Enjoyable excavation of a time when science and art fed off each other, to the benefit of both communities.

THE AGE OF WONDER

Energetic analysis of the “Romantic Age of Science.”

Romanticism, the deeply emotional artistic movement of the second half of the 18th century, was partly a reaction against the pragmatism of Enlightenment scientists. However, British historian Holmes (Sidetracks: Explorations of a Romantic Biographer, 2000, etc.) writes, the divide between scientific endeavors and artistic pursuits was not always so clearly delineated. The author focuses primarily on the lives of two men who straddled both worlds, who embraced “Romantic science” and pursued it with the passion of poets or painters. Astronomer William Herschel, who discovered the planet Uranus in 1781, started his career as a musician. That led to an interest in mathematics and then astronomy, which he pursued with the same emotional fervor as any classical music piece. He even compared his skill at seeing astronomical phenomena with the skill required to play Handel’s fugues. Holmes also looks at the British chemist Humphry Davy, who, among other accomplishments, discovered that chlorine and iodine were elements. Early on, Davy wrote poetry, and later became friends with Samuel Taylor Coleridge. One of his poems celebrated “science, whose delicious water flows / From Nature’s bosom.” Davy’s enthusiasm led to risky, self-destructive behavior—he often inhaled strange chemical gases as experiments, a practice that nearly killed him. While partaking of nitrous oxide with acquaintances, he extolled the glories of science: “I dream of Science restoring to Nature what Luxury, what Civilization have stolen from her—pure hearts, the forms of angels, bosoms beautiful, and panting with Joy & Hope.” Davy may have had a brilliant scientist’s brain, but he had the heart and soul of a poet. How these two contradictory ideas not only coexisted, but flourished together during the Romantic era, makes for engrossing reading.

Enjoyable excavation of a time when science and art fed off each other, to the benefit of both communities.

Pub Date: July 14, 2009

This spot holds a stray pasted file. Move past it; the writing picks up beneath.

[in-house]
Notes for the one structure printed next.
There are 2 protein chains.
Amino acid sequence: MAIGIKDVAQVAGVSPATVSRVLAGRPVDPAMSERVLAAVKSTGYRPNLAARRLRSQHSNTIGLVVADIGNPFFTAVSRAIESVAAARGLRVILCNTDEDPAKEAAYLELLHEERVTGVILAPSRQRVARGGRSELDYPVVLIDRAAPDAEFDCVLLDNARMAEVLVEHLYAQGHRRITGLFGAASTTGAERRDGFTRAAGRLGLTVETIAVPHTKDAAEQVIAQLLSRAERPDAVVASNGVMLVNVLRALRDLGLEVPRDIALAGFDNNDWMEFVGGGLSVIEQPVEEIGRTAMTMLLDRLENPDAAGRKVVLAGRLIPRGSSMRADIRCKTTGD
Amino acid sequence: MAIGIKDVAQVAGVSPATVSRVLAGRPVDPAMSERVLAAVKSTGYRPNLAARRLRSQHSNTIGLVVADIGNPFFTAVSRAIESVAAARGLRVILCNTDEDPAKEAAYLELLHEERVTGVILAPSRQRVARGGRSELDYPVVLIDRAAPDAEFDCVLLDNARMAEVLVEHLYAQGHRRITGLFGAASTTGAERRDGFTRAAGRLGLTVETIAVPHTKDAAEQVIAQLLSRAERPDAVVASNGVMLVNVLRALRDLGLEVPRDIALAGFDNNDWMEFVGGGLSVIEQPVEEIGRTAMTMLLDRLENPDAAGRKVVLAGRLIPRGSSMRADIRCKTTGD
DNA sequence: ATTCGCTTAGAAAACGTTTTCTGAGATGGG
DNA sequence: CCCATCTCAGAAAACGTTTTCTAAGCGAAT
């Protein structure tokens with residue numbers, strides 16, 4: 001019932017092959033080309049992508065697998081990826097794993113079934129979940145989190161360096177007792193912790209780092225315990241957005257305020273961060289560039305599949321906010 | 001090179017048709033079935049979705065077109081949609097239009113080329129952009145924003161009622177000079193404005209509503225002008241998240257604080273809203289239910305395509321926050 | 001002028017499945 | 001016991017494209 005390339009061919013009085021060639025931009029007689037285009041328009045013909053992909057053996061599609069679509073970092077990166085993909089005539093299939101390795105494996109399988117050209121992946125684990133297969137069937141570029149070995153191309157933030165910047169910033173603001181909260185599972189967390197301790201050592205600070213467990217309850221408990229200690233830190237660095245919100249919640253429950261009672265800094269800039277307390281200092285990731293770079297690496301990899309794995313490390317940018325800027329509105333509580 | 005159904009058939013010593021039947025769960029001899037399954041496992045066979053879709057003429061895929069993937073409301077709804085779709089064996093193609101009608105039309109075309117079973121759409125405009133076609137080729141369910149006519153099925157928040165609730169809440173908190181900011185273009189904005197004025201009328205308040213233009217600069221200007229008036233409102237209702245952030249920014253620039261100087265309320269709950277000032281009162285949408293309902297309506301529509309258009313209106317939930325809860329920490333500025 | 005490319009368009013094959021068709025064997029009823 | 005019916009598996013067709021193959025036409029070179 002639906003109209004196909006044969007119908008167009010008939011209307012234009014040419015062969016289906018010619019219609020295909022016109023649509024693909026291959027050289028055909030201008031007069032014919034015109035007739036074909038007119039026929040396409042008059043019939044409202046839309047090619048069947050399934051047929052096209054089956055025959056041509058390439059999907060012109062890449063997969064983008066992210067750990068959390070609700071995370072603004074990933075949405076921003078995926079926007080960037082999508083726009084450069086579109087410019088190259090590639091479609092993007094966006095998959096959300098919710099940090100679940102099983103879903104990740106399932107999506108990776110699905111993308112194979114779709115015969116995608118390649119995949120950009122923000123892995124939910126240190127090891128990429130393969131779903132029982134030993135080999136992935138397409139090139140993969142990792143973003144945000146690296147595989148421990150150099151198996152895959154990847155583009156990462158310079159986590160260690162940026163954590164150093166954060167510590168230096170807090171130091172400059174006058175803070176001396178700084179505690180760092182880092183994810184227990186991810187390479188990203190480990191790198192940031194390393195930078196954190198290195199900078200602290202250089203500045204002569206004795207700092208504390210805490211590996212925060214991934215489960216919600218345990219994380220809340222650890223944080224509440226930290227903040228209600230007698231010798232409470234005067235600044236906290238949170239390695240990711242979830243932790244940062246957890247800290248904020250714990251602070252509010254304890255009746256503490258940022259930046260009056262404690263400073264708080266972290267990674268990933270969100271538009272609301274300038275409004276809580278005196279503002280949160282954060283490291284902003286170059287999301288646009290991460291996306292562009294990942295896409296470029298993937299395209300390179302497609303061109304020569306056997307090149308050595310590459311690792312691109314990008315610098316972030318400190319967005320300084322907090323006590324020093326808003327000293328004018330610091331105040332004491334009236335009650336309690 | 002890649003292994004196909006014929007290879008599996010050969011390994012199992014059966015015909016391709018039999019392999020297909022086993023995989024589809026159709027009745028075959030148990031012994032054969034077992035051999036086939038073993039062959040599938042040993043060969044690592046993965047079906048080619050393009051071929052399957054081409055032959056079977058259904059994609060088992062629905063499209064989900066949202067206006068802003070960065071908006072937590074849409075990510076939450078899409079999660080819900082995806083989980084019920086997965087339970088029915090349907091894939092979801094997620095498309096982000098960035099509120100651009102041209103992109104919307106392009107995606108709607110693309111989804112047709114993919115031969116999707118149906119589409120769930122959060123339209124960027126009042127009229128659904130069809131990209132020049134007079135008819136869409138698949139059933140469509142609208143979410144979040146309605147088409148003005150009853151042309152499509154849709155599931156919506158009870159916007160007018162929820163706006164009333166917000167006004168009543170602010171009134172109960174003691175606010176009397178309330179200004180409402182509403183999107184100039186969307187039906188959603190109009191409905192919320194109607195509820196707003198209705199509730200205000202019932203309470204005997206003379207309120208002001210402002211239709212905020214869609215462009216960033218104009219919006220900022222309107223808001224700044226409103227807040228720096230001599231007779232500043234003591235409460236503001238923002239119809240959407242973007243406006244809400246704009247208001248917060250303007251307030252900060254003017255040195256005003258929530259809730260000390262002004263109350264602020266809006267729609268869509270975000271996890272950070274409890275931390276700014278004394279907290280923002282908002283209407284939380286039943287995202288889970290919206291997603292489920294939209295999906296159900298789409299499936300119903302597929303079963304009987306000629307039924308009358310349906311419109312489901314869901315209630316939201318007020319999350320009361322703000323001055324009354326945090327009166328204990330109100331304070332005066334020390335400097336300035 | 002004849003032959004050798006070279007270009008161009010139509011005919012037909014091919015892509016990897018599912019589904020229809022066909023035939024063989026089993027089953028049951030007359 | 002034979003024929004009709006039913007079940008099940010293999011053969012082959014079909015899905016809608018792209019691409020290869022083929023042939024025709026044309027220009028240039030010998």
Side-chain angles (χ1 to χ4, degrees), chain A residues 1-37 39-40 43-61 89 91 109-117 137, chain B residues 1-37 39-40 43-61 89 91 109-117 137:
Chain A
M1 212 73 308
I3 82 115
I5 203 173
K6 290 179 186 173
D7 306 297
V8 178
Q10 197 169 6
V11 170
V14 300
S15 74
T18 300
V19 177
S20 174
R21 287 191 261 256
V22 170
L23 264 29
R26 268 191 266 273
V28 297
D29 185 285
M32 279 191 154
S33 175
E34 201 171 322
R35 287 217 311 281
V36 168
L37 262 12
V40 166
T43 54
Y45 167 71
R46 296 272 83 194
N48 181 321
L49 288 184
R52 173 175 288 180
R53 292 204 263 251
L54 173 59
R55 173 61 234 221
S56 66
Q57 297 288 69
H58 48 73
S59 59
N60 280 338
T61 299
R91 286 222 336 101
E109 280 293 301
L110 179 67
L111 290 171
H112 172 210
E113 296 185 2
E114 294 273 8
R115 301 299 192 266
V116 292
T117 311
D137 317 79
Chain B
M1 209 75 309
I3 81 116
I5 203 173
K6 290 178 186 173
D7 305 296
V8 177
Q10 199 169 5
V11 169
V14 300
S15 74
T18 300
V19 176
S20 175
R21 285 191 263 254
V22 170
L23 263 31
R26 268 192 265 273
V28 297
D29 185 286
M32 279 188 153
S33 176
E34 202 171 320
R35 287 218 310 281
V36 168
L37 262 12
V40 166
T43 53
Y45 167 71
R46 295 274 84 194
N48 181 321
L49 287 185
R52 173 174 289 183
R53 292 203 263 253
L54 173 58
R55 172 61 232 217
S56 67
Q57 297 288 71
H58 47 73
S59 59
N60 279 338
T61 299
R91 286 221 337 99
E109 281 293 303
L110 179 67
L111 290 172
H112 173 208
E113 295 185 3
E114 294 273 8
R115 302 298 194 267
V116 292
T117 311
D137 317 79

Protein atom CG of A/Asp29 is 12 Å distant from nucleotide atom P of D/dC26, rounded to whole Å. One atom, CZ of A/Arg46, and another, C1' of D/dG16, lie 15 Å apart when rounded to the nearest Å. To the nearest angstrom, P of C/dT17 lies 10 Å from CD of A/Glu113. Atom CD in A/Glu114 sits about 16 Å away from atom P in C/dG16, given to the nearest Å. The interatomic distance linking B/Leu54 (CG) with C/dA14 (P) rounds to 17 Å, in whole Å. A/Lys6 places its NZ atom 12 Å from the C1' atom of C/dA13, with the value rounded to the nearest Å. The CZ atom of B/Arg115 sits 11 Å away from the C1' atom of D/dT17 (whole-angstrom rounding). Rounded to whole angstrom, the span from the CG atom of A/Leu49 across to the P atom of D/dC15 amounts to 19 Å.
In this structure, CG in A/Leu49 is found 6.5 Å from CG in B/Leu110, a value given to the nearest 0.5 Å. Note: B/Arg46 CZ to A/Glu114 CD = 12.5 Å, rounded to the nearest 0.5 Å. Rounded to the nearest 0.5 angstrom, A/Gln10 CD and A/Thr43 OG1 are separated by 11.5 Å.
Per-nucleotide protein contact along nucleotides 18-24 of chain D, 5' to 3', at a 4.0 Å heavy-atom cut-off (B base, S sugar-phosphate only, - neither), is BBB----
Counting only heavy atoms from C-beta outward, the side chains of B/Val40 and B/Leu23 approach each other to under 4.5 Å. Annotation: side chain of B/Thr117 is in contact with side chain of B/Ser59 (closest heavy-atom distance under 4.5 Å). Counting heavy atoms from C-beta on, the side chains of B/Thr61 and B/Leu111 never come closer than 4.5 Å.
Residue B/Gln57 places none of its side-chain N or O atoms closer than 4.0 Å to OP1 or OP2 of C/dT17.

ISBN: 978-0-375-42222-5

Page Count: 576

Publisher: Pantheon

Review Posted Online: May 20, 2010

Kirkus Reviews Issue: June 1, 2009

Did you like this book?

No Comments Yet

If the authors are serious, this is a silly, distasteful book. If they are not, it’s a brilliant satire.

THE 48 LAWS OF POWER

The authors have created a sort of anti-Book of Virtues in this encyclopedic compendium of the ways and means of power.

Everyone wants power and everyone is in a constant duplicitous game to gain more power at the expense of others, according to Greene, a screenwriter and former editor at Esquire (Elffers, a book packager, designed the volume, with its attractive marginalia). We live today as courtiers once did in royal courts: we must appear civil while attempting to crush all those around us. This power game can be played well or poorly, and in these 48 laws culled from the history and wisdom of the world’s greatest power players are the rules that must be followed to win. These laws boil down to being as ruthless, selfish, manipulative, and deceitful as possible. Each law, however, gets its own chapter: “Conceal Your Intentions,” “Always Say Less Than Necessary,” “Pose as a Friend, Work as a Spy,” and so on. Each chapter is conveniently broken down into sections on what happened to those who transgressed or observed the particular law, the key elements in this law, and ways to defensively reverse this law when it’s used against you. Quotations in the margins amplify the lesson being taught. While compelling in the way an auto accident might be, the book is simply nonsense. Rules often contradict each other. We are told, for instance, to “be conspicuous at all cost,” then told to “behave like others.” More seriously, Greene never really defines “power,” and he merely asserts, rather than offers evidence for, the Hobbesian world of all against all in which he insists we live. The world may be like this at times, but often it isn’t. To ask why this is so would be a far more useful project.

If the authors are serious, this is a silly, distasteful book. If they are not, it’s a brilliant satire.

Pub Date: Sept. 1, 1998

ISBN: 0-670-88146-5

Page Count: 430

Publisher: Viking

Review Posted Online: May 20, 2010

Kirkus Reviews Issue: July 15, 1998

Did you like this book?

The author's youthfulness helps to assure the inevitable comparison with the Anne Frank diary although over and above the...

NIGHT

Elie Wiesel spent his early years in a small Transylvanian town as one of four children. 

He was the only one of the family to survive what Francois Maurois, in his introduction, calls the "human holocaust" of the persecution of the Jews, which began with the restrictions, the singularization of the yellow star, the enclosure within the ghetto, and went on to the mass deportations to the ovens of Auschwitz and Buchenwald. There are unforgettable and horrifying scenes here in this spare and sombre memoir of this experience of the hanging of a child, of his first farewell with his father who leaves him an inheritance of a knife and a spoon, and of his last goodbye at Buchenwald his father's corpse is already cold let alone the long months of survival under unconscionable conditions. 

The author's youthfulness helps to assure the inevitable comparison with the Anne Frank diary although over and above the sphere of suffering shared, and in this case extended to the death march itself, there is no spiritual or emotional legacy here to offset any reader reluctance.

Pub Date: Jan. 16, 2006

ISBN: 0374500010

Page Count: 120

Publisher: Hill & Wang

Review Posted Online: Oct. 7, 2011

Kirkus Reviews Issue: Jan. 15, 2006

Did you like this book?

more